Fitch Ratings expects Vietnam’s GDP growth to accelerate to 6.1 per cent this year and 6.3 per cent in 2023 from 2.6 per cent in 2021, led by a recovery in domestic demand, strong exports and high FDI inflows, particularly in the manufacturing sector.
However, risks to the growth outlook remain, including the global economic implications of the war in Ukraine and sanctions on Russia, further pandemic-related shocks and high commodity prices.
Vietnam's economic prospects remain susceptible to shifts in external demand due to the economy's high degree of openness. However, the export sector is expected to continue to perform well into the medium term, benefitting from Vietnam's cost competitiveness, trade diversion from China and implementation of key trade agreements.
Last year, foreign-exchange reserves continued to improve, as the State Bank of Vietnam (SBV) intervened in the foreign-exchange market to stabilise the currency. Foreign-exchange reserves rose further to a record of $109 billion by end-2021, supported by large FDI inflows.
Fitch forecasts a gradual appreciation of the exchange rate, in line with its expectation of current account surpluses, although it expects the SBV to intervene in the case of excessive currency volatility or if the currency faces significant upward pressure.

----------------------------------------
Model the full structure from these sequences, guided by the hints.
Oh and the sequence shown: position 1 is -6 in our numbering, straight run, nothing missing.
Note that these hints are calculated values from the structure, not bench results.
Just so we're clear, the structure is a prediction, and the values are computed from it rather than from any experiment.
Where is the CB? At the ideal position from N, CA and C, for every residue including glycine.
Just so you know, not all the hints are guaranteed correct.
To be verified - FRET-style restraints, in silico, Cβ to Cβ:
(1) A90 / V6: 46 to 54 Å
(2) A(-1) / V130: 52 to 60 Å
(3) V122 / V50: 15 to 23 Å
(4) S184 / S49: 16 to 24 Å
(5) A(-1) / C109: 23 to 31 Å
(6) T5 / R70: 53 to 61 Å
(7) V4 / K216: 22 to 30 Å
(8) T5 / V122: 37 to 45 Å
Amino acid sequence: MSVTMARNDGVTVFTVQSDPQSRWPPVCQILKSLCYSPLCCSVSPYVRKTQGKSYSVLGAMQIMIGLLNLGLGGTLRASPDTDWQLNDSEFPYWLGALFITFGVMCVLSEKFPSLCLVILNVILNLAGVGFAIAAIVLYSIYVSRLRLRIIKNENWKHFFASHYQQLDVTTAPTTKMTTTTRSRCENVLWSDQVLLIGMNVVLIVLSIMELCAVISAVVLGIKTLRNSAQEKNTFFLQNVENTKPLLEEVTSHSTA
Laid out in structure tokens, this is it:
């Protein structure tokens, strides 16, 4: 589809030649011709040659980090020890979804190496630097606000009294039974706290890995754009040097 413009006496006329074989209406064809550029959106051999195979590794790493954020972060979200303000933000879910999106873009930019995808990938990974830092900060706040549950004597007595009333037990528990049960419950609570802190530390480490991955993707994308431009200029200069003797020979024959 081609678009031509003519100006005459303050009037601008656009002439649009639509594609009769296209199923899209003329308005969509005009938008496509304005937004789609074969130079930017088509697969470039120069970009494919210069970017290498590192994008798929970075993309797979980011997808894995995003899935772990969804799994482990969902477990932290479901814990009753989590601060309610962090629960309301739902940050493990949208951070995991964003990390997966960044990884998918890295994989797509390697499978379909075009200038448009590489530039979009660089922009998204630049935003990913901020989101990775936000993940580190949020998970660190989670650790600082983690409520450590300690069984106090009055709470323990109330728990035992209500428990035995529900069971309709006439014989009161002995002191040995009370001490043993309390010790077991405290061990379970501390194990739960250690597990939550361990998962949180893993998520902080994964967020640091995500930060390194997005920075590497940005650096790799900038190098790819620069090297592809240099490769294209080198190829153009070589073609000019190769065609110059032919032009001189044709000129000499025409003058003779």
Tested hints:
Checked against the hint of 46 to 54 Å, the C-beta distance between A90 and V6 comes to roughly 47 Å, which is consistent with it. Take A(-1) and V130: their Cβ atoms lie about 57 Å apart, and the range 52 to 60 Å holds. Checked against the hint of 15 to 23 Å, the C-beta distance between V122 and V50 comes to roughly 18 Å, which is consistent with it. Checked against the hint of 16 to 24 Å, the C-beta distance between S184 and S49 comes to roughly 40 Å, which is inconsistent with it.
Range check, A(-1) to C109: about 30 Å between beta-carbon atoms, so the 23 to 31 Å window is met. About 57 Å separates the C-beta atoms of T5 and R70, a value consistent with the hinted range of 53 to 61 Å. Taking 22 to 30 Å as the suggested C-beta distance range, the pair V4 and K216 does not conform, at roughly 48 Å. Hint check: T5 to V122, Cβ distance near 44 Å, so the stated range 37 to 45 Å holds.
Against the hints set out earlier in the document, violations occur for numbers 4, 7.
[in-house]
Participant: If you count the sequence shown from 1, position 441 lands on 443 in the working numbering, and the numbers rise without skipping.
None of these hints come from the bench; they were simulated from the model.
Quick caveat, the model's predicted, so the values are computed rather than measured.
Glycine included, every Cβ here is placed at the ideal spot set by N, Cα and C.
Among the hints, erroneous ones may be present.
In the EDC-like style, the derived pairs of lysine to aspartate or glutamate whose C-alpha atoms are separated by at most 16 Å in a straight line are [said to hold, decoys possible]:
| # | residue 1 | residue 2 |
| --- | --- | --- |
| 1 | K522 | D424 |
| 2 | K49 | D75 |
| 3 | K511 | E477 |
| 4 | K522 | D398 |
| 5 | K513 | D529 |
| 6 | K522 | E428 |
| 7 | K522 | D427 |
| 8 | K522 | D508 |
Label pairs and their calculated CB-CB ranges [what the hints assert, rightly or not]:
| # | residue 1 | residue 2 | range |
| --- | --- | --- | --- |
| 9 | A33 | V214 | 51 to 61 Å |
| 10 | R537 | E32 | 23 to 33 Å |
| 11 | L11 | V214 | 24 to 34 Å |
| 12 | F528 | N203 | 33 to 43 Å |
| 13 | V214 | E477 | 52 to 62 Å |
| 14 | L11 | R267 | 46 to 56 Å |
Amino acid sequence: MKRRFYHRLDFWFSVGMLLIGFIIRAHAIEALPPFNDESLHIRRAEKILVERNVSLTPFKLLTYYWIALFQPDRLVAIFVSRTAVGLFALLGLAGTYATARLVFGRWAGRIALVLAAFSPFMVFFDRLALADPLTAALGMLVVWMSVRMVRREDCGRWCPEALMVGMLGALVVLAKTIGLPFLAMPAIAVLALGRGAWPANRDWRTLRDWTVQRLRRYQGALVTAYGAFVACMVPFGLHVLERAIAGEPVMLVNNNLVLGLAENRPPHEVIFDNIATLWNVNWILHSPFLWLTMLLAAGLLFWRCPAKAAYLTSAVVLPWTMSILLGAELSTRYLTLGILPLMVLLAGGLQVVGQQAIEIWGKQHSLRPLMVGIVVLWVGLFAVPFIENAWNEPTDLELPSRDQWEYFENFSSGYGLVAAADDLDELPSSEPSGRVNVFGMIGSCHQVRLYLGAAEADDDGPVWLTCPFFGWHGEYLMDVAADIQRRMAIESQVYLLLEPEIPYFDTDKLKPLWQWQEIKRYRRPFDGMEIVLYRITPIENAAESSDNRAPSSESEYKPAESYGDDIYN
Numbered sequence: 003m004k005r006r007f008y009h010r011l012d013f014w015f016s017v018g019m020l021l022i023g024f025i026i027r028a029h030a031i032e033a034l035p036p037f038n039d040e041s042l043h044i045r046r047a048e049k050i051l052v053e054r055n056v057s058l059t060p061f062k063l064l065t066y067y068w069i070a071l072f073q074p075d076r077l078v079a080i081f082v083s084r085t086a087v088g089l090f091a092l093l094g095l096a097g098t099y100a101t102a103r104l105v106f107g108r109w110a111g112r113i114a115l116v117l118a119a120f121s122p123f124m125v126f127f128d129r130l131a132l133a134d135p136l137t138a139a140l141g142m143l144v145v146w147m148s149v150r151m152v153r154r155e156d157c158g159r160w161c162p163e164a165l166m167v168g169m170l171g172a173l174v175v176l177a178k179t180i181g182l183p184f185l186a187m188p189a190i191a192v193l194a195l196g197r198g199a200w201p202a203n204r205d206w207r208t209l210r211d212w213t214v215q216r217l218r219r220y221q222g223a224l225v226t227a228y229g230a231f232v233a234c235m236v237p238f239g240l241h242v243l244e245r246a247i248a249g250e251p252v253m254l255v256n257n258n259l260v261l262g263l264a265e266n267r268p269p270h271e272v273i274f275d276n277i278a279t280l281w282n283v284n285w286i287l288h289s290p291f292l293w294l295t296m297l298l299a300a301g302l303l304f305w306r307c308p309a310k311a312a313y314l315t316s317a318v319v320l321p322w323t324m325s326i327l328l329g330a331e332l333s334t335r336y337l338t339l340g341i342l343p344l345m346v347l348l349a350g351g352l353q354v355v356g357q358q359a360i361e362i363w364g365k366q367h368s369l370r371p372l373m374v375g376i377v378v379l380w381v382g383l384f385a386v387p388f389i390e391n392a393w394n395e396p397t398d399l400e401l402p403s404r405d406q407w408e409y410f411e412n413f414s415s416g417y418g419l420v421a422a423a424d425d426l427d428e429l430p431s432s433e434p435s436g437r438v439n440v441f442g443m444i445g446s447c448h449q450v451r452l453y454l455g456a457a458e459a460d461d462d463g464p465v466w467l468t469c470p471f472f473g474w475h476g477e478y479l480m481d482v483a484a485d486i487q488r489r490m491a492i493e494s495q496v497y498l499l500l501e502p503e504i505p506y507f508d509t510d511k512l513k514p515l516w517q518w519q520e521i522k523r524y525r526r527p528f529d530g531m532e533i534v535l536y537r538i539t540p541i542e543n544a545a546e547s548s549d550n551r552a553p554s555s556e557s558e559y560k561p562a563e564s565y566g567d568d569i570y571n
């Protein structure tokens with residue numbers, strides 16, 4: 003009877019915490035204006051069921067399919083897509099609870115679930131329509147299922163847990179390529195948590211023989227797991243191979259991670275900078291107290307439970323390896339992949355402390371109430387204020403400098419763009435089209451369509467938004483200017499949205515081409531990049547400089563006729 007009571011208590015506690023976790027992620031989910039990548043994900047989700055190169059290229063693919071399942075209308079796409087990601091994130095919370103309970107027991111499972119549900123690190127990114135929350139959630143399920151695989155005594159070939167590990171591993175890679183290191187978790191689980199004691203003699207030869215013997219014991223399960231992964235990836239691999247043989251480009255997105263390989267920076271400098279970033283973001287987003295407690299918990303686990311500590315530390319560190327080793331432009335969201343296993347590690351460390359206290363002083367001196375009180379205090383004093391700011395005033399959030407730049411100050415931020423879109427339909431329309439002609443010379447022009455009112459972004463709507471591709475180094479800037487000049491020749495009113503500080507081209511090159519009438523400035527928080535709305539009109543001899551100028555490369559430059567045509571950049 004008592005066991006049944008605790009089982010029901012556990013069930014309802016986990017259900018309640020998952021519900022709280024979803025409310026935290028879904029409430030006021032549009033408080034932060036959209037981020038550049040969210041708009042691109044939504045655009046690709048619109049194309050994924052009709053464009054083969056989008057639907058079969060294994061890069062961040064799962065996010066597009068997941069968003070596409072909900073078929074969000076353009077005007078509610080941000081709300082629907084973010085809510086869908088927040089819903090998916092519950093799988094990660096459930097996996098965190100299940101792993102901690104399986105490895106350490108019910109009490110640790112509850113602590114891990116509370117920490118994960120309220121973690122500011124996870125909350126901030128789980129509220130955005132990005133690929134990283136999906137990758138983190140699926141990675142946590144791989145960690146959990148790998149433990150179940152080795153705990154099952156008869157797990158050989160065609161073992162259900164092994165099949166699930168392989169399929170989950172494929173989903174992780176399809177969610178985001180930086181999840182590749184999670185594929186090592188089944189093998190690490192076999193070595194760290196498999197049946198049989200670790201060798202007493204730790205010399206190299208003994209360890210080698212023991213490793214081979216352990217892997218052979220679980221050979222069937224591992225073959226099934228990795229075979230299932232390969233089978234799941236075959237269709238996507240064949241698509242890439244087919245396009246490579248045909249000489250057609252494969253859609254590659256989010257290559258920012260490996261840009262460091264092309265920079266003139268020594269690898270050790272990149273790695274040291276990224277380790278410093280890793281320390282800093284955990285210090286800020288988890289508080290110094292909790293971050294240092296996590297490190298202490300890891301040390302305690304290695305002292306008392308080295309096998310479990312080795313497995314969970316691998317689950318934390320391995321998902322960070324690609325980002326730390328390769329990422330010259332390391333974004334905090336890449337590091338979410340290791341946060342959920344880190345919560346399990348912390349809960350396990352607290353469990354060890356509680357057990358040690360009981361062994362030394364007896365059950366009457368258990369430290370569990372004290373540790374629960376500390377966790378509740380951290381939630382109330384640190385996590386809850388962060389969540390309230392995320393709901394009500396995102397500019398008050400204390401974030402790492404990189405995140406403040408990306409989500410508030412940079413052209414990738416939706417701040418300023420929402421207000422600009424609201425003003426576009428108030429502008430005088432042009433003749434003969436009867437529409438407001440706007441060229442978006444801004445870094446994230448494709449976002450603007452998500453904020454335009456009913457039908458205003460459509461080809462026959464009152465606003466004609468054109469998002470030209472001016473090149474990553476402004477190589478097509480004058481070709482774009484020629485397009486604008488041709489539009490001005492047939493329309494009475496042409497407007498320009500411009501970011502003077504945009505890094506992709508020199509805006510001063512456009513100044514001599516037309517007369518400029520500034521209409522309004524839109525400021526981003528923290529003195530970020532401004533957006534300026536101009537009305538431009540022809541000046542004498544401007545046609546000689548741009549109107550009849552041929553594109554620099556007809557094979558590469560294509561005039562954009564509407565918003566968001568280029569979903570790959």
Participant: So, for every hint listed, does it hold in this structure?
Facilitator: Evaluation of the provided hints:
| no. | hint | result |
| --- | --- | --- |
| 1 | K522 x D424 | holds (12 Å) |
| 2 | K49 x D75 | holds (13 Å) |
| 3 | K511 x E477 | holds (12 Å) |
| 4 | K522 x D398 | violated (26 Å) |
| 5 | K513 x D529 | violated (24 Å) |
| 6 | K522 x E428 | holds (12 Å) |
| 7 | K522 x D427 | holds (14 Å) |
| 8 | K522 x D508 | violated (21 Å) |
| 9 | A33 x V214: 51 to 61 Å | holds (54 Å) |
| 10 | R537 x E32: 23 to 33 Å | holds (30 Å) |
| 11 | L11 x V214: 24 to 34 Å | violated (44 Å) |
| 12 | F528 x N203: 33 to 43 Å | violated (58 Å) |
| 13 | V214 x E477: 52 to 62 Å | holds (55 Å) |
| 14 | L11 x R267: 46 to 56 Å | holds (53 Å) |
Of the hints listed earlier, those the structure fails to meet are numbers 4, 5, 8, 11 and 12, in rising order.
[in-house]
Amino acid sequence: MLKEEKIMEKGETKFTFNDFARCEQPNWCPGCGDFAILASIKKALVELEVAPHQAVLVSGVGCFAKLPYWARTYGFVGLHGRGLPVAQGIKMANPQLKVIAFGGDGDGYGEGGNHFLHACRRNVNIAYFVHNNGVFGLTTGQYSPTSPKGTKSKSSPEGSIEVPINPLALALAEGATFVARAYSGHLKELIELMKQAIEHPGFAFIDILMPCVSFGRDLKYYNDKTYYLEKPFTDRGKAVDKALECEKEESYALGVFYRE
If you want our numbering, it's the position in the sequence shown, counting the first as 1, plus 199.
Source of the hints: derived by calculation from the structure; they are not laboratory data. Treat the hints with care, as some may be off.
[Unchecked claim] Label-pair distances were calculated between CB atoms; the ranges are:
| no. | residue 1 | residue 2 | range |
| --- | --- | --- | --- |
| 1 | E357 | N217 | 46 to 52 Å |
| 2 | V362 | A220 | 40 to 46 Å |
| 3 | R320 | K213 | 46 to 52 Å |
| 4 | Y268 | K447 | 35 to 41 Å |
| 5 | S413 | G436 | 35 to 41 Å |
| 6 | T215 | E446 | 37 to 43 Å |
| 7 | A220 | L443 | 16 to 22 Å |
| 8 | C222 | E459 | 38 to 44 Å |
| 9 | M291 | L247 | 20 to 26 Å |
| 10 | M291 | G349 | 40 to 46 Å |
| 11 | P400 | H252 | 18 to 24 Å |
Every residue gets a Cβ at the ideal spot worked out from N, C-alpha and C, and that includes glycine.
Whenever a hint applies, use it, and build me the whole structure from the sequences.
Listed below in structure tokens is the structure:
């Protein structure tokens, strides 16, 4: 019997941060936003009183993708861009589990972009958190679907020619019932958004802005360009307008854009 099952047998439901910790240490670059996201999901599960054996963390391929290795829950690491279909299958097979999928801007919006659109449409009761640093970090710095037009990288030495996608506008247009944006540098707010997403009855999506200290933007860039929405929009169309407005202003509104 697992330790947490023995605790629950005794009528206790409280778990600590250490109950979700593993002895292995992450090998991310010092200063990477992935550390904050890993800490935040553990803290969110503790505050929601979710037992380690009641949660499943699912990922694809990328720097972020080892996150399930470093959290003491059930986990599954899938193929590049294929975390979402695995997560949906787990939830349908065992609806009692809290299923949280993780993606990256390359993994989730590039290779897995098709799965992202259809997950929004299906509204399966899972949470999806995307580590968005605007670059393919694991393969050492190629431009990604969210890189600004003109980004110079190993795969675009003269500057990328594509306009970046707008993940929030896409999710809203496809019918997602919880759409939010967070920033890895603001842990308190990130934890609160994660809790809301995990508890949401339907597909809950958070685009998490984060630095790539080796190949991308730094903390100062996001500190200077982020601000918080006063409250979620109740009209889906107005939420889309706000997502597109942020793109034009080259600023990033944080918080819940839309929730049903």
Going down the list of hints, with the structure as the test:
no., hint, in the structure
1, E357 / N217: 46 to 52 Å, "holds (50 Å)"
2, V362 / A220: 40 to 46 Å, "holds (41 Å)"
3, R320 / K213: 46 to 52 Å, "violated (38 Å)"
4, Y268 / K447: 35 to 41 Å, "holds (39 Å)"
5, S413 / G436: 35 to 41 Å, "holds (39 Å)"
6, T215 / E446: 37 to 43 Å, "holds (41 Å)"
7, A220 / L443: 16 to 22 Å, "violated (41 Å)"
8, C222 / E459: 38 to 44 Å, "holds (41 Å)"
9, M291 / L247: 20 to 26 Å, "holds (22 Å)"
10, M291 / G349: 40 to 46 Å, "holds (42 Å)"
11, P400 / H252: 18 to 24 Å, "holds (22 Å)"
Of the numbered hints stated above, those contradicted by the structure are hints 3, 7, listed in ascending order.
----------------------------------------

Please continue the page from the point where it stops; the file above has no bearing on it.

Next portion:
Vietnam's large external buffers offer a cushion against shocks and support a strong external liquidity ratio, which was 340 per cent at end-2021, above the 175 per cent of the 'BB' median.
A package that was recently approved for disbursement over 2022 – 2023, equal to about 4 per cent of 2021 GDP, will lead to wider fiscal deficits of 4.8 per cent of GDP in 2022 and 4.2 per cent of GDP in 2023. The package includes measures such as tax cuts and deferrals to support firms, ensure social welfare and job creation, and enhance healthcare capacity.
The fiscal stimulus also includes a capex component worth about 2 per cent of 2022 GDP, which could support medium-term growth prospects, although there are risks over the government's implementation capacity.
Vietnam's low revenue base compared with that of its peers remains a weakness in the credit profile.
In addition, the pandemic has had a smaller impact on Vietnam's public finances than the 'BB' median, as early success in containing the pandemic allowed for a restrained fiscal response.
Vietnam's general government debt-to-GDP ratio will rise to about 42 per cent by 2023 from an estimated 39.7 per cent in 2021, based on the authorities' recently revised GDP data series. This is well below the 'BB' median of 54.5 pet cent in 2022 and 55.3 per cent in 2023.
“We think contingent liability risks from legacy issues at SOEs and banking-sector weakness remain a drag on the rating,” Fitch said. Explicit government guarantees fell to 3.8 per cent of GDP by end-2021 from 4.6 per cent in 2020, but institutional weaknesses continue to weigh on Vietnam's public finances.
“We believe the banking system remains subject to structural weaknesses, such as thin capitalisation and under-reporting of problem loans. The under-reporting is exacerbated by regulatory forbearance on pandemic-affected restructured loans, which is available until June 2022,” it noted.